Last week, I talked about my passion for Waldorf education. And today, I want to get a little bit more specific by sharing what is currently one of my favorite aspects of the Waldorf approach.
When I first heard about the fact that Waldorf schools don’t use picture books to read to their students, I thought to myself: “I wonder what that is all about.” I did some research and it quickly became apparent that storytelling is a big deal. I read about the beautiful language used in Waldorf stories and saw the simple yet enchanting props Waldorf teachers used for their stories.
One afternoon, I had a few minutes before my kids were getting up from nap and searched for stories online to get a better sense of what they are like. I was instantly hooked. It was clear as day, why Waldorf schools value storytelling so much. Yes, the language was beautiful but more so where the stories. Stories about rolling rivers, whimsical animals, delightful fairies, Jack Frost and Lady Spring.
That night, I suggested to my daughter that we tell stories instead of reading a book for bedtime. She was intrigued. (And I was not convinced that I would have the skills to make up and tell a half-decent story.)
She loves fairies and my husband had recently mentioned a mystery fairy. I forget how she came about but mystery fairy was going to be my main character. She was new in the woods and didn’t know any of the other fairies. She was a bit shy but when a sudden rain shower surprised her and she quickly sought cover in an old tree stump, she bumped into another fairy that had escaped the rain. A new friendship was born.
Each night, mystery fairy went on new adventures that often correlated to our own experiences during the day.
I enjoyed telling the stories. My daughter took in every word I said. It was a wonderfully relaxing bedtime routine for both of us.
What makes storytelling so powerful?
When you are reading a picture book, your brain processes the words as well as the pictures. When you are listening to a story, your brain processes the words and paints a picture about the story. Different areas of our brain light up when we do that. And the richer the language the more active our brain is.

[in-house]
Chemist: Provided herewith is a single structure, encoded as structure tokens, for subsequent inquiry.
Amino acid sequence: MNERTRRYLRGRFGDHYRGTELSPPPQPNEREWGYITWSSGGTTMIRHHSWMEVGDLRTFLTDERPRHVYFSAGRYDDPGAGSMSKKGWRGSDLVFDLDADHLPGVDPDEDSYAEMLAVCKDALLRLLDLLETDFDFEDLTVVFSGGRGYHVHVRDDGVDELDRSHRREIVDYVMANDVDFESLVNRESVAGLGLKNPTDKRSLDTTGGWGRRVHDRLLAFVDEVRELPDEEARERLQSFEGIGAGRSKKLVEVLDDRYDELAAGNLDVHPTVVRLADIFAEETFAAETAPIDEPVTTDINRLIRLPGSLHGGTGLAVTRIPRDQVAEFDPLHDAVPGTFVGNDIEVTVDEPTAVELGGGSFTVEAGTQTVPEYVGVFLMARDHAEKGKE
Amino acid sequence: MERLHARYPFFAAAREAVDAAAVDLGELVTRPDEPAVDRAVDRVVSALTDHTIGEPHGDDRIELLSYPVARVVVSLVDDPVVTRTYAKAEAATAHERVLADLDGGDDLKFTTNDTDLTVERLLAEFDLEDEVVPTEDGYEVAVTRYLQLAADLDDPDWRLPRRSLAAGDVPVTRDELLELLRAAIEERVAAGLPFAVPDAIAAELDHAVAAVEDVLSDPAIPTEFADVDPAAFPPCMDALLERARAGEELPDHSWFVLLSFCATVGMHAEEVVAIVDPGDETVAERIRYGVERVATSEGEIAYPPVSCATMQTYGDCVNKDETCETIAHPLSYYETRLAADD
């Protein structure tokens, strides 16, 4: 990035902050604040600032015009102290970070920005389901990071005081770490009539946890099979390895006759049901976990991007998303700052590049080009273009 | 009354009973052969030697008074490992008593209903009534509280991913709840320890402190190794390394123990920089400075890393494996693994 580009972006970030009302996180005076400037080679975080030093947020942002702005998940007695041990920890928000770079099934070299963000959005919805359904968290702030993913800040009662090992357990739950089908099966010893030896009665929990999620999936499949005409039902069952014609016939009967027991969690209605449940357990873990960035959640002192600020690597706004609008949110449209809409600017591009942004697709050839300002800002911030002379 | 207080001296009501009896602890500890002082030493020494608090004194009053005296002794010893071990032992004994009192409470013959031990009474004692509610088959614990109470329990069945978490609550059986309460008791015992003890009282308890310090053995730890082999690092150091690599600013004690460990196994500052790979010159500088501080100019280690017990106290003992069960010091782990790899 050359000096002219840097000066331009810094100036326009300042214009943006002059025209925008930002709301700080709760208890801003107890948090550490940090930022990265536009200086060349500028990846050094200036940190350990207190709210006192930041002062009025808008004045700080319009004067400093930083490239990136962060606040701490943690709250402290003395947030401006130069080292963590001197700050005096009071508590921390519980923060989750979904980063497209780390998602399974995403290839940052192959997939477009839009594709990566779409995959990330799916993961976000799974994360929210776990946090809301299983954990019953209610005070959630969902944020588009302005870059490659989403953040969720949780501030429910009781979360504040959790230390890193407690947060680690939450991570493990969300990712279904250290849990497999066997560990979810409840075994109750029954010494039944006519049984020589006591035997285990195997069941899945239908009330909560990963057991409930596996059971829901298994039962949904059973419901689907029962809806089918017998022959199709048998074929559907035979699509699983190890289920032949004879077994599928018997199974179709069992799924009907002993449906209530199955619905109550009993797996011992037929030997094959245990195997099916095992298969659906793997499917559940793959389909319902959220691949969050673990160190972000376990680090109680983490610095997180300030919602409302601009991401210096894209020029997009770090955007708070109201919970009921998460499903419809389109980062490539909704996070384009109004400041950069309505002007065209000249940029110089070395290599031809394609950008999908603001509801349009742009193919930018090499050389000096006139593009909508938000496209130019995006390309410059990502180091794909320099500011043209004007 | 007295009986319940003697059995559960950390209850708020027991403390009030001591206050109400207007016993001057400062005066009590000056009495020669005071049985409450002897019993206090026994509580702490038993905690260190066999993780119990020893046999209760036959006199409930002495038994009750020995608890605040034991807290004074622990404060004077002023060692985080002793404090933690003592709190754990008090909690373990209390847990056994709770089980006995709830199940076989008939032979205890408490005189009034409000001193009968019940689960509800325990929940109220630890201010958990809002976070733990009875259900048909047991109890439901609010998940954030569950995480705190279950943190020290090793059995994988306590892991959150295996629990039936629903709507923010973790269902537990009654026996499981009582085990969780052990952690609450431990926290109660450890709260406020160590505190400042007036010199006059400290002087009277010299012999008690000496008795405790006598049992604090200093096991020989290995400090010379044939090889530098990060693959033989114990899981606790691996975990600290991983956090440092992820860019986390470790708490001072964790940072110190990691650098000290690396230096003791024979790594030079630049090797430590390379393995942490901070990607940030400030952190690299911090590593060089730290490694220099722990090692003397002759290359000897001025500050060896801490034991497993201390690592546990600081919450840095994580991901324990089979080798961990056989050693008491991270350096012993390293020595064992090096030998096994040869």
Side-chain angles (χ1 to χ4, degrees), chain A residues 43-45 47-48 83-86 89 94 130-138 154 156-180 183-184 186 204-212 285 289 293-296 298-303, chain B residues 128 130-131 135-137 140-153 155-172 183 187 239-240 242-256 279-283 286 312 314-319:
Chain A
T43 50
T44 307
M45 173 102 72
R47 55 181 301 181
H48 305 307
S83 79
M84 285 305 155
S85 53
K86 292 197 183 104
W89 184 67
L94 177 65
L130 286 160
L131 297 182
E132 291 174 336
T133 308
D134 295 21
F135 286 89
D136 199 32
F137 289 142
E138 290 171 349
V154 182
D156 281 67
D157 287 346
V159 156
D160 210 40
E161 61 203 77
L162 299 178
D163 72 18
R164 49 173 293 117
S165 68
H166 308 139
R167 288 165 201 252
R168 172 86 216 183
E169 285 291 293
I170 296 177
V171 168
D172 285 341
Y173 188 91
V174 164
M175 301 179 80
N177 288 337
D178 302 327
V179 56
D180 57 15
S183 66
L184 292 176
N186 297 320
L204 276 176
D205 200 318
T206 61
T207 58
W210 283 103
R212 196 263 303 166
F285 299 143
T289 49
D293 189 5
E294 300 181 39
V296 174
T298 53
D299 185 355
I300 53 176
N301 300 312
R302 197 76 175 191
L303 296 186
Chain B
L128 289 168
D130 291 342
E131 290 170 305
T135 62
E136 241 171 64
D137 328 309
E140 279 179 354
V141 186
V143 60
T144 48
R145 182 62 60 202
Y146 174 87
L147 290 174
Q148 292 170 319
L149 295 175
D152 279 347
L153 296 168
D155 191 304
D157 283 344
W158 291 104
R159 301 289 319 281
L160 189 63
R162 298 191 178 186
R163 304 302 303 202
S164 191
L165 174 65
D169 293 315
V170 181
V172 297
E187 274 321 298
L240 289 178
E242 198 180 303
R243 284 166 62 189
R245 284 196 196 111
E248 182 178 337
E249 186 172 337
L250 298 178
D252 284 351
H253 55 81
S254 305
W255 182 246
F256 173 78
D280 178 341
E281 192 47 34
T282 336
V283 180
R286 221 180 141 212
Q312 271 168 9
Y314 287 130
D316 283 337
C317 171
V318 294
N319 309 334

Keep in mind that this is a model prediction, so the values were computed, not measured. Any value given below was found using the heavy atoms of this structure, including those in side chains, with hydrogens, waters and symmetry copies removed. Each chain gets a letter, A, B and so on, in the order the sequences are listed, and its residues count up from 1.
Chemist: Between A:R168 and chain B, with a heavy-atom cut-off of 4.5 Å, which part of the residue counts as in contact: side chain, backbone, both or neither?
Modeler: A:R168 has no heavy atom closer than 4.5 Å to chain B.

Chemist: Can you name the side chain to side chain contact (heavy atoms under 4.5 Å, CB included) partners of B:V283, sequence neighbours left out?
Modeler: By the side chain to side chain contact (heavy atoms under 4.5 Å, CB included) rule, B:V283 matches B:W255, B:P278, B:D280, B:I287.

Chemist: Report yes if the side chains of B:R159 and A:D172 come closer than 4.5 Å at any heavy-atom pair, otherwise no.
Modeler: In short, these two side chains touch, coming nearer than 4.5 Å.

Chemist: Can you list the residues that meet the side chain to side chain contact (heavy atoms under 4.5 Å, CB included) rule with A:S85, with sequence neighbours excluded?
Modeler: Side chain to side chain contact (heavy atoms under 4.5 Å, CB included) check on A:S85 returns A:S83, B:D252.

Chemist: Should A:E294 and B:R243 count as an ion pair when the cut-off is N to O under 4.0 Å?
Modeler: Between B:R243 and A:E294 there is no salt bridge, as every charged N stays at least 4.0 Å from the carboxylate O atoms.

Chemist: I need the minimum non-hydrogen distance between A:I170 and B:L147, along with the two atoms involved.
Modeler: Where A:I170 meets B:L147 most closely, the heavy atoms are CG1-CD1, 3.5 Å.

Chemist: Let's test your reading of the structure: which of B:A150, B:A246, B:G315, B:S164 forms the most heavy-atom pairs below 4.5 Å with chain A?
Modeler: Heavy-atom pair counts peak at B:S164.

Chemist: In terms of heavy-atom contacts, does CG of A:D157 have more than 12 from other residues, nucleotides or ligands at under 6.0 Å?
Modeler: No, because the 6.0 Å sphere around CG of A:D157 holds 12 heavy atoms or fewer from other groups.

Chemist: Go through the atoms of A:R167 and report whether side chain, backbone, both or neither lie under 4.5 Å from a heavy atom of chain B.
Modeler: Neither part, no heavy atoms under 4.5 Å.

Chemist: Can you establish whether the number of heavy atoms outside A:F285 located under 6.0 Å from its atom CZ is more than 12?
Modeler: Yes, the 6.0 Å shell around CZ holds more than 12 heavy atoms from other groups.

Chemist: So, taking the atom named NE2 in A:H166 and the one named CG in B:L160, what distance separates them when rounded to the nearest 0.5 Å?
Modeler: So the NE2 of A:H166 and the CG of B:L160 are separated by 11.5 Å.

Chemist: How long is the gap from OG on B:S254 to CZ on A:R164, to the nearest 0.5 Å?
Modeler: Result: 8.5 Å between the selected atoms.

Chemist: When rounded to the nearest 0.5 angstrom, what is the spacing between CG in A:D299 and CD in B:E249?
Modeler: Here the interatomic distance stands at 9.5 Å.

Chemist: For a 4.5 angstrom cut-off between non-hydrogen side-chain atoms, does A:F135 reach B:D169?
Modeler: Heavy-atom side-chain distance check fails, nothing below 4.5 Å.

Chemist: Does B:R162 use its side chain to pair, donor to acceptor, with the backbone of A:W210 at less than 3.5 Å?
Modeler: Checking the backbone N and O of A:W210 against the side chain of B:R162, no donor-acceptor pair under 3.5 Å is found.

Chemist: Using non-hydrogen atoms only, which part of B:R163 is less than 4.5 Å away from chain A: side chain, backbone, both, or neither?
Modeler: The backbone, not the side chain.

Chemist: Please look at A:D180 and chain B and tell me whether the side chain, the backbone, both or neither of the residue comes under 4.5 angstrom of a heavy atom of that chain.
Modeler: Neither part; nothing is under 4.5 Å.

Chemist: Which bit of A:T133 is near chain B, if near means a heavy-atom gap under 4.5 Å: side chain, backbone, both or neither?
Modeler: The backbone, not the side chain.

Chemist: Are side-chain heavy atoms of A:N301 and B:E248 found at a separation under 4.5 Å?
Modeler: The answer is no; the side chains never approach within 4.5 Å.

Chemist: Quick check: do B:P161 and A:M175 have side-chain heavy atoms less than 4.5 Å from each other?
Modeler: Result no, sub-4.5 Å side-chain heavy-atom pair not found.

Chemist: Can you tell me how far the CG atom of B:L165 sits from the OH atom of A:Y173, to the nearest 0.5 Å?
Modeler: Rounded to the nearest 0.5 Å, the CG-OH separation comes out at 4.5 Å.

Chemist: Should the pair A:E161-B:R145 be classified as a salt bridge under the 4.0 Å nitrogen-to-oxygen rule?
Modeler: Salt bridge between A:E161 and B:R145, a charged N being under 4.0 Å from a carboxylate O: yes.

I began using the art of storytelling in my nature classes and immediately saw a difference in how the children perceived the stories. They were more attentive AND they retained many more facts than from reading a book. Last September, I told a story about a squirrel that was getting ready for winter. In February, two children that had heard the story, retold me parts of the story almost exactly like I had told the story. I was amazed. But that is what storytelling does. It creates a lot more connections in our brains that make it much easier to retrieve information later on.
So, how can you begin to incorporate storytelling into your children’s lives?
Here are 3 steps to get you started:
I will be at KWS’s story time this month on Saturday, March 21st. Want to join me?
~ NEW: Check out the “Sophie & Max – Secrets of the Garden” series for short stories to get you started and comfortable with storytelling. ~
Storytelling has become a very natural part of our days. We come up with stories when we walk to school, are out running errands or go for a hike through the woods.
And don’t worry, if you don’t think you have the skills for storytelling. I never considered myself to be a good storyteller. But you get better as long as you’re having fun with it.
Did you know that the art of storytelling is becoming more and more popular in business? (Here is one example in the Harvard Business Review)
We have all sat through mind-numbingly boring presentations, right? Now, think of a time when you listened to someone, whether in a professional setting or with friends, and were so drawn in that you just couldn’t stop listening.
That’s storytelling. It has the power to shape what we think and do.